Wonder Woman HC volume one Blood
Written by: Brian Azzarello
Illustrated by: Cliff Chiang, Tony Akins
Collecting:Wonder Woman #’s 1-6 & 7-12
I recently saw the Brian Azzarello and Cliff Chiang’s New 52 version of Wonder Woman described as a combination of Game of Thrones and The Sopranos. This is a very apt depiction, though it may even be easier to portray it by saying what it is not: a superhero story.
Wonder Woman HC volume two Guts
New 52 Wonder Woman is a story of family conflict and monarchical deception. At no point is there any one “bad guy” that needs to be stopped, nor do you feel as though Wonder Woman is the only character capable of handling everything on her own. Rather than delivering a tale through the conventional comic book vehicle of story arcs, Azzarello relay’s Diana Prince’s adventures via one long narrative. While some problems may seemingly get resolved, the most pertinent conflict is always what will take place in the next issue. This method of delivering story via never-ending delayed gratification –what could turn out to be novel-style story telling when all is said and done- could be frustrating for some, but I found it to be engrossing.
The books are about Wonder Woman and her interactions with the Olympians, or the gods of Greek mythology. It begins when Zeus disappears, leaving nothing but a vacant throne and some previously undiscovered bastard children. Naturally, Hera is not happy about her husband’s betrayal, and the other gods begin making the necessary chess moves to put them in the best possible position to claim Zeus’ vacated throne.
What elevates Azzarello’s writing from good to great is the way he depicts the Olympians as large dysfunctional family. There is an overarching feeling of familiarity and resentment between all the gods/demi-gods. Deals are struck, schemes are hatched, past personal conflicts are dug up (many of which are fun little Easter Eggs for any fans of Greek myth), and it all merges into an atmosphere of distrust and instability. You’re never quite sure what will happen next, and your opinions of the peripheral characters are ever changing.
The visuals are handled by Chiang, with occasional fill-in issues by Tony Akins. Chiang’s bold, dynamic lines perfectly illustrate the ferocity and determination of Diana. While Chiang’s work may not carry as much detail as your average illustrator, he renders Apollo’s irritating smirks and Strife’s subtle, knowing looks just as well. The visuals suffer a little with Akins takes over, as it looks very similar to Chiang’s pencils, but with a less steady, firm hand.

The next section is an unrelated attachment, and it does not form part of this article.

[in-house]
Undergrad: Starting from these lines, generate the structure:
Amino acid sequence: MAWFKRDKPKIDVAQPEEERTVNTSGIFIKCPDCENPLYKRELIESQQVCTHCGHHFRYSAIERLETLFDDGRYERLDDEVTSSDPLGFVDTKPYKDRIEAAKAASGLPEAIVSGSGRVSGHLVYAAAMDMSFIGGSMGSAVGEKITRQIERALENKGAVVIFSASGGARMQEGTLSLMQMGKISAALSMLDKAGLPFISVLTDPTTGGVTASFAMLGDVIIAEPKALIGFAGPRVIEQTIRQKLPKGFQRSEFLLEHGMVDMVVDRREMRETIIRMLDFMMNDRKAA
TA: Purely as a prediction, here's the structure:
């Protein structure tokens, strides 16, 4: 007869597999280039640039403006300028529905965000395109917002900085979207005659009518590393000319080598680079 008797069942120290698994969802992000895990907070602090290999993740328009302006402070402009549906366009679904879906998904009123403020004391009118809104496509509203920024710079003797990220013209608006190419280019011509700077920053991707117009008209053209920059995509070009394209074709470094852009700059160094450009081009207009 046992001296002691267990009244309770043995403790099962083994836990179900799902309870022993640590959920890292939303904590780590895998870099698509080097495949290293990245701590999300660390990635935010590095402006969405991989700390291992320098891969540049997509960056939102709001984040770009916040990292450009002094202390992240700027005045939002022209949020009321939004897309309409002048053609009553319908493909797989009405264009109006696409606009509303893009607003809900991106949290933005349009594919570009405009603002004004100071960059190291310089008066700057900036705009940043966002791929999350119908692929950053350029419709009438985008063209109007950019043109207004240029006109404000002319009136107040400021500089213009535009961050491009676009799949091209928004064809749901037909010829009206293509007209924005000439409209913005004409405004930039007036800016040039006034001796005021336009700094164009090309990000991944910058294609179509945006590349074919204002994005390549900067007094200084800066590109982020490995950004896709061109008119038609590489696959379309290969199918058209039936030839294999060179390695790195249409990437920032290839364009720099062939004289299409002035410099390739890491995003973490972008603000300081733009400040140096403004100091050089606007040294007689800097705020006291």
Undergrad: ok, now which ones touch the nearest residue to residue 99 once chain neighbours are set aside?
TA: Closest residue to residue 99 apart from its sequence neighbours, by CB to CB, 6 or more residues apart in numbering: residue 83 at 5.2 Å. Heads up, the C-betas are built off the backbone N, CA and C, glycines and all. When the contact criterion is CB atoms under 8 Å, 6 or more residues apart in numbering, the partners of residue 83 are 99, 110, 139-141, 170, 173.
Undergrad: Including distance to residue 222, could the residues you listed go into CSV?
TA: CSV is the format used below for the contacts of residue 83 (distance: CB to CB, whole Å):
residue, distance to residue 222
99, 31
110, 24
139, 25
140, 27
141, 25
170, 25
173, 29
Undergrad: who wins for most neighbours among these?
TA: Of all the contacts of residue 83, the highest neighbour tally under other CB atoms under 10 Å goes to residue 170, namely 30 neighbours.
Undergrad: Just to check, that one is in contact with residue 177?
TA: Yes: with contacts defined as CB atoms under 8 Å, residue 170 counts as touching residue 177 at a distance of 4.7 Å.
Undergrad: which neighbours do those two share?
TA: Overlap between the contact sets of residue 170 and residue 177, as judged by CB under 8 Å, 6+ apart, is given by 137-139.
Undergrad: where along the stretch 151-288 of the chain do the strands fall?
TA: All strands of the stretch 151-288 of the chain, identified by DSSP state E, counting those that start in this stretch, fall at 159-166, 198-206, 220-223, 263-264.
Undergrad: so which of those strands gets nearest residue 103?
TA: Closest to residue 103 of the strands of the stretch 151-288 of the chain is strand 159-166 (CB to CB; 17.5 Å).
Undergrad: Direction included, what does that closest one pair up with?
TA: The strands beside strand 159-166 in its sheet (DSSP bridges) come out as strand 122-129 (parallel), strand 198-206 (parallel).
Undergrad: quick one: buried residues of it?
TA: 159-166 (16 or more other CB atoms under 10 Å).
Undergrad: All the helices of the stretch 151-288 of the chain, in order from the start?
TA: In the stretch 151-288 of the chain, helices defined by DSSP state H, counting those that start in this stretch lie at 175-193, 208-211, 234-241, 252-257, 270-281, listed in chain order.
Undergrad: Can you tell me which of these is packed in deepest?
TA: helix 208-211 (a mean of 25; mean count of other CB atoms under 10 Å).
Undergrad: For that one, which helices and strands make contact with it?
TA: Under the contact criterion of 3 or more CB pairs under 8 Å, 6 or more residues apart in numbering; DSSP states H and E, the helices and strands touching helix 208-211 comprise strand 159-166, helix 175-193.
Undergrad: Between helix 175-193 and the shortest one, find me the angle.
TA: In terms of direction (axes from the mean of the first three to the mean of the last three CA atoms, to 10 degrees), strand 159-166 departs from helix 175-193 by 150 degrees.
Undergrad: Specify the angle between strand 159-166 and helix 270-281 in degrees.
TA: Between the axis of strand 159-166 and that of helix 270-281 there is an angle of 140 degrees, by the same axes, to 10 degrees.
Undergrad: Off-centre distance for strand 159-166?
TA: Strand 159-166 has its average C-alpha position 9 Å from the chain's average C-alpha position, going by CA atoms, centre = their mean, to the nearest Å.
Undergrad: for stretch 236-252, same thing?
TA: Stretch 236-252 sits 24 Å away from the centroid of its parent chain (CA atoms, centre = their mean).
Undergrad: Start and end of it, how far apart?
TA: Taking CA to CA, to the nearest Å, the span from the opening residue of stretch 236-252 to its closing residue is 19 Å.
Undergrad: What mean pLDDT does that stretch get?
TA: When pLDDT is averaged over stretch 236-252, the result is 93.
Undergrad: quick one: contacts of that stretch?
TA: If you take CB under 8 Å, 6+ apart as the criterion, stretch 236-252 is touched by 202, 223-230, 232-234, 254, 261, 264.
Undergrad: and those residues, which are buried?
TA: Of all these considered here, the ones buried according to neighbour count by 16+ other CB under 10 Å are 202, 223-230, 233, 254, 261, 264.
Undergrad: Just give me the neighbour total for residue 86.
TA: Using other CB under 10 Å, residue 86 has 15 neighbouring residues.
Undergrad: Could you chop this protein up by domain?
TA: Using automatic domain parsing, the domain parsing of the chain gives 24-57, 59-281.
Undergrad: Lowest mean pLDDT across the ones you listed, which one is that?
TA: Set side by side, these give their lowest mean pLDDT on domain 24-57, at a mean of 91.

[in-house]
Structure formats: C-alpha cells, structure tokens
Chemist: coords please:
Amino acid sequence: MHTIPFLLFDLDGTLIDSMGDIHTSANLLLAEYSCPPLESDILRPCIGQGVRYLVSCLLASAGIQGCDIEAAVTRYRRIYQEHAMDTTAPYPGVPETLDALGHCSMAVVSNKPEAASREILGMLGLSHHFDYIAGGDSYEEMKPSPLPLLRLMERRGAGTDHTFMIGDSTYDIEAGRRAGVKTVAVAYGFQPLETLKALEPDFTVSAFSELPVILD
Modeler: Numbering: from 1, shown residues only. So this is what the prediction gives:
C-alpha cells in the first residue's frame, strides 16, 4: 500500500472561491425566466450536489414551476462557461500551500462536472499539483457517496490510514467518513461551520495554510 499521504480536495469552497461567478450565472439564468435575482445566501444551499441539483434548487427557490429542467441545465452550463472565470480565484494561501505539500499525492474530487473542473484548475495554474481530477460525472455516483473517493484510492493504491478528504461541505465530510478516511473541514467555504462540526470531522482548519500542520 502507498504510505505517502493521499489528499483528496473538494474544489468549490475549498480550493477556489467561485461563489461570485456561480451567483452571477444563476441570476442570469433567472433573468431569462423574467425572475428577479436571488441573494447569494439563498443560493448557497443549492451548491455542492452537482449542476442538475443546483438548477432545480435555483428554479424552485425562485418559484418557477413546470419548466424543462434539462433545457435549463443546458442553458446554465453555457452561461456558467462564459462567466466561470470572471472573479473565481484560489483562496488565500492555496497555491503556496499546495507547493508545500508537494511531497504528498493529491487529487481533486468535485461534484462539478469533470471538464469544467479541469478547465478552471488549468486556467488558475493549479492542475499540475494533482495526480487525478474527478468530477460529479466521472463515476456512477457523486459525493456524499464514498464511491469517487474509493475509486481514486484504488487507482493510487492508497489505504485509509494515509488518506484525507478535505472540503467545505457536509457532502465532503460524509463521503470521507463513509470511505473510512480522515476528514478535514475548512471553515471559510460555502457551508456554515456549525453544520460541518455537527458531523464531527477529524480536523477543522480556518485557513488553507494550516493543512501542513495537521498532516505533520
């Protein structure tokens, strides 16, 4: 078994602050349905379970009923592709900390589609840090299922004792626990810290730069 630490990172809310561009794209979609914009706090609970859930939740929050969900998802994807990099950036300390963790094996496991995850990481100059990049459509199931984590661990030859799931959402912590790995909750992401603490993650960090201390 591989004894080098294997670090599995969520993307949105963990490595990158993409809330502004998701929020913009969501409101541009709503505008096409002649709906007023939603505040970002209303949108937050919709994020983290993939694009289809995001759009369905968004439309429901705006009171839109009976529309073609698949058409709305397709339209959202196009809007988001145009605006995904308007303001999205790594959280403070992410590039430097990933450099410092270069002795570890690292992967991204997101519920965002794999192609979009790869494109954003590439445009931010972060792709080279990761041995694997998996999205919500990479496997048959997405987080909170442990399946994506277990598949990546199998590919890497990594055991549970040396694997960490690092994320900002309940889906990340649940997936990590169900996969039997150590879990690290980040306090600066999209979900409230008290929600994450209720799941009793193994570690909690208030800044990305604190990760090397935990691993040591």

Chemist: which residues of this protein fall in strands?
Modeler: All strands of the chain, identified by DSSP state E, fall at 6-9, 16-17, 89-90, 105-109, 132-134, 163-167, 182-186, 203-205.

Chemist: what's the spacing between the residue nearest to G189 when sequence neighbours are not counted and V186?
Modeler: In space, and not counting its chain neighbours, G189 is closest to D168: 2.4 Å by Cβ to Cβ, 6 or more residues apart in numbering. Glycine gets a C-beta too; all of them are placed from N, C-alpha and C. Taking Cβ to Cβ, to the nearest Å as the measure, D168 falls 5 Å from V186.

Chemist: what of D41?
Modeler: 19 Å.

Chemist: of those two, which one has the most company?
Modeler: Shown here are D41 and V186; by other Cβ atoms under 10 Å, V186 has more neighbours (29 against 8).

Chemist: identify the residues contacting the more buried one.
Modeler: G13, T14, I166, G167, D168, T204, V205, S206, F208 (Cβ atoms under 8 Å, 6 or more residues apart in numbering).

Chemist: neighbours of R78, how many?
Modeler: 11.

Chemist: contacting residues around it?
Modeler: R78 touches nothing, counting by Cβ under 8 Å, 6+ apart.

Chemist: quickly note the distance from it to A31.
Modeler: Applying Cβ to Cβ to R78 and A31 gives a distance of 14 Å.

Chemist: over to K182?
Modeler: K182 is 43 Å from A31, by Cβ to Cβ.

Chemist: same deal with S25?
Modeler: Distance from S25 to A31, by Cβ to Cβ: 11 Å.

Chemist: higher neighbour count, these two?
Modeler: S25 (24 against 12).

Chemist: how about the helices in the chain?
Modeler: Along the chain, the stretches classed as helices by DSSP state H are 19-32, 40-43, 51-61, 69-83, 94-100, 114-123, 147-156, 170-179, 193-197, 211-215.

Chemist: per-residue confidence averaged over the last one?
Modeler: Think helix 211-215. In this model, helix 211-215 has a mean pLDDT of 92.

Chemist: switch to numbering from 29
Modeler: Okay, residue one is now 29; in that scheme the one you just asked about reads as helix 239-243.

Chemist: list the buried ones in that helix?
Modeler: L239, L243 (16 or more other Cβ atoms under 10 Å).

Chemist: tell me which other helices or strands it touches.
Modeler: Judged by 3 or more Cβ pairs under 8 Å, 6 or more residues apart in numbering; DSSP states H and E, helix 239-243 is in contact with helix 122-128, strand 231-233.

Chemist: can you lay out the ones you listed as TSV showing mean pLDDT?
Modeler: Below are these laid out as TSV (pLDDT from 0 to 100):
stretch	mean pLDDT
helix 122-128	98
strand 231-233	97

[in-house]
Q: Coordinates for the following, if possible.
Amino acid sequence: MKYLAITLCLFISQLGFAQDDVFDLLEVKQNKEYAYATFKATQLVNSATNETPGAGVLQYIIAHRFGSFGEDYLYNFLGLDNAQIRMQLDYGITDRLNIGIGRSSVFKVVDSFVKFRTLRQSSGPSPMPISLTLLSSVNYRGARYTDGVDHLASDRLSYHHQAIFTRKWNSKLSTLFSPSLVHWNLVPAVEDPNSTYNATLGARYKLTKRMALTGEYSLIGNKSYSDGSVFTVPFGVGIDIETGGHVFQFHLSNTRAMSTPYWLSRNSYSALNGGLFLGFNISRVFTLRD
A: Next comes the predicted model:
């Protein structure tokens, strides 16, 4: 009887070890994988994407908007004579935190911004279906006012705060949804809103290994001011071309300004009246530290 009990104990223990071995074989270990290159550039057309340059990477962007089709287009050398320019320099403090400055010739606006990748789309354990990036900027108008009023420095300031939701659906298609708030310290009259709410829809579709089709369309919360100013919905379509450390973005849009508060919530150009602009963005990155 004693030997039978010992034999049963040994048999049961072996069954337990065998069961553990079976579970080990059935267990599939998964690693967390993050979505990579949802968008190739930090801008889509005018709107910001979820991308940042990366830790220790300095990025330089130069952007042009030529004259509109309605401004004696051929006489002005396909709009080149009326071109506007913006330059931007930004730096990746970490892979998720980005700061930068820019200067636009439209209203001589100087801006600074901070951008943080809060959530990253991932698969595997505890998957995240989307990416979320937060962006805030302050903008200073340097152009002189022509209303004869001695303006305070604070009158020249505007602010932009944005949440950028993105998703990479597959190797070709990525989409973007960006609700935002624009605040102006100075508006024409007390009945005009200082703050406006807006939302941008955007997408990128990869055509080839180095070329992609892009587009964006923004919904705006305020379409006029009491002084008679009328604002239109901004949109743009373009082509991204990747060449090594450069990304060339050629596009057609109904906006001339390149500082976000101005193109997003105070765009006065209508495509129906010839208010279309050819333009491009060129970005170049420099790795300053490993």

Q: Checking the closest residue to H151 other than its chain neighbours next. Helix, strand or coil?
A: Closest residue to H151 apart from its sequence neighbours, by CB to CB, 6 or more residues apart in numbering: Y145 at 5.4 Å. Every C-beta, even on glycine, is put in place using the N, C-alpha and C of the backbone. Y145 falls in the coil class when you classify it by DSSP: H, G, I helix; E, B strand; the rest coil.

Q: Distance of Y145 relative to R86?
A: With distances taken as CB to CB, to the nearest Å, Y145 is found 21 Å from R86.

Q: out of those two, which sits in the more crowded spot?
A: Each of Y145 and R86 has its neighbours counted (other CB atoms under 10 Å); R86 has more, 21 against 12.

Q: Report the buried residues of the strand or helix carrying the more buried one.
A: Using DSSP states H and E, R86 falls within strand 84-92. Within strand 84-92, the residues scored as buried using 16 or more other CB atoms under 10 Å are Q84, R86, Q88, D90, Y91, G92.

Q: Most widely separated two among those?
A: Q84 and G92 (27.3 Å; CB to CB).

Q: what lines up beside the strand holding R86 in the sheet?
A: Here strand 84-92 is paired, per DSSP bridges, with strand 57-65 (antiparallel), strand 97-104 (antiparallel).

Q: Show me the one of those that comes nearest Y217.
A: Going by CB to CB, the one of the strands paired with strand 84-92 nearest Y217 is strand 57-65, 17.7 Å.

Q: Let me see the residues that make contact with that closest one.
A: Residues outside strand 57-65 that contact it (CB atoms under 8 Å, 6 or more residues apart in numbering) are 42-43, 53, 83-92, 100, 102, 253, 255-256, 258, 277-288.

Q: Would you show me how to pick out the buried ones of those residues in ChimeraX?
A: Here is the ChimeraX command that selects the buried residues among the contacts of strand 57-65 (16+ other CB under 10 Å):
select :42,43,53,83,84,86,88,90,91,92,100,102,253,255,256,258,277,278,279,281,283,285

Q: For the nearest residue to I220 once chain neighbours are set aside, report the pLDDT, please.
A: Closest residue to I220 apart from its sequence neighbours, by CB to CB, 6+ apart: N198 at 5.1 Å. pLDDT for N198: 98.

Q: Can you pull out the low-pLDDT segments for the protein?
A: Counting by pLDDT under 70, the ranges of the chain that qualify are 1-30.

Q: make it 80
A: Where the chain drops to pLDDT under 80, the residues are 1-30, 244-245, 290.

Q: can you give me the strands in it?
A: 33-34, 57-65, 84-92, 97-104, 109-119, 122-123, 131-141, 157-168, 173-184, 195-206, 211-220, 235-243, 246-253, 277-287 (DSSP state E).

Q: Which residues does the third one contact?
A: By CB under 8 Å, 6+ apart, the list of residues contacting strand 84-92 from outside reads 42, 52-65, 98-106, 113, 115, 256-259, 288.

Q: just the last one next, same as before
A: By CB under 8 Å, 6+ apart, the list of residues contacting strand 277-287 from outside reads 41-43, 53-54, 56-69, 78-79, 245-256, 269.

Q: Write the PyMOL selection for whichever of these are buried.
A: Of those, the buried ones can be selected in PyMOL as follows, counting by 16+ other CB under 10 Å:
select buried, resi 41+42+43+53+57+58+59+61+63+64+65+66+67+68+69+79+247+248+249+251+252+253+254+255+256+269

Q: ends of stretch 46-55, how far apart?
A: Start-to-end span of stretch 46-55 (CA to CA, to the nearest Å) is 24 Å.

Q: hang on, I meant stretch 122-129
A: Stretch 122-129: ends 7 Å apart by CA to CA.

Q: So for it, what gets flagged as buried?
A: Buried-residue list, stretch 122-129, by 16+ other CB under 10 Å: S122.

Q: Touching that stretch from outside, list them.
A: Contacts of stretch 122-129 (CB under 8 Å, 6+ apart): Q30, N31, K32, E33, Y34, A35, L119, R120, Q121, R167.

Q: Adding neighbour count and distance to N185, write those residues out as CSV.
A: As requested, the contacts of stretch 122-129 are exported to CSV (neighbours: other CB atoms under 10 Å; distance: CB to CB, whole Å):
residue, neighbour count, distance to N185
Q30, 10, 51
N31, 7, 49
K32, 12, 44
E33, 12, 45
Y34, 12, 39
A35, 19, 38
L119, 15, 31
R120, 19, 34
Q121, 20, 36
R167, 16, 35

Perhaps the best aesthetic element in these volumes are Chiangs’ depictions of the Pantheon of Gods. With the inaugural appearance of each respective god, the character models invoke a sense of originality, while still echoing the historical mythos of Poseidon, Eros, or Hermes. A modern twist on old classics.
There was an instance at the end of issue 6 (illustrated by Akins) where it was very difficult to tell what was happening in a scene between Wonder Woman, Hades, and Hera. It appeared to be both an issue of art and narrative, and thankfully after a quick web search, I was able to at least have some idea of what occurred.
It is worth saying I had a very difficult time procuring the hardcover for volume 1 for less than $40 (it typically ranges from $40 – $50 for a brand new copy on eBay or Amazon). For context, not vol. 1 of Scott Snyder’s Batman nor Geoff Johns’ Justice League go for more than $20 online. If everything I typed up here doesn’t properly relay the quality or popularity of Azzarello and Chiang’s work, perhaps value others have placed on it will.
The only other issue I have with these two volumes lies within Wonder Woman’s costume. Part of the reason for the New 52 was to re-visualize DC’s characters in a more modern light. This was done to great success, in my opinion, with the (subtle) changes made to Superman and Batman’s costumes, but less so with Wonder Woman. Her garb still says “Golden Age Objectivism” rather than mirroring the ferocious and hardened Amazon warrior displayed in the story. Worse yet, Wonder Woman dons -what is called by Chiang- “Divine Armor” during the course of the story. In my opinion it is the perfect solution to Diana’s clothing problem, vicious Amazon warrior without losing a feminine feel, but it lasts for just one issue. This is more a criticism of DC as a whole than it is of creative team’s work. DC spun their wheels with her character design, but have a dynamic replacement that they refuse to pull the trigger on. Disappointing.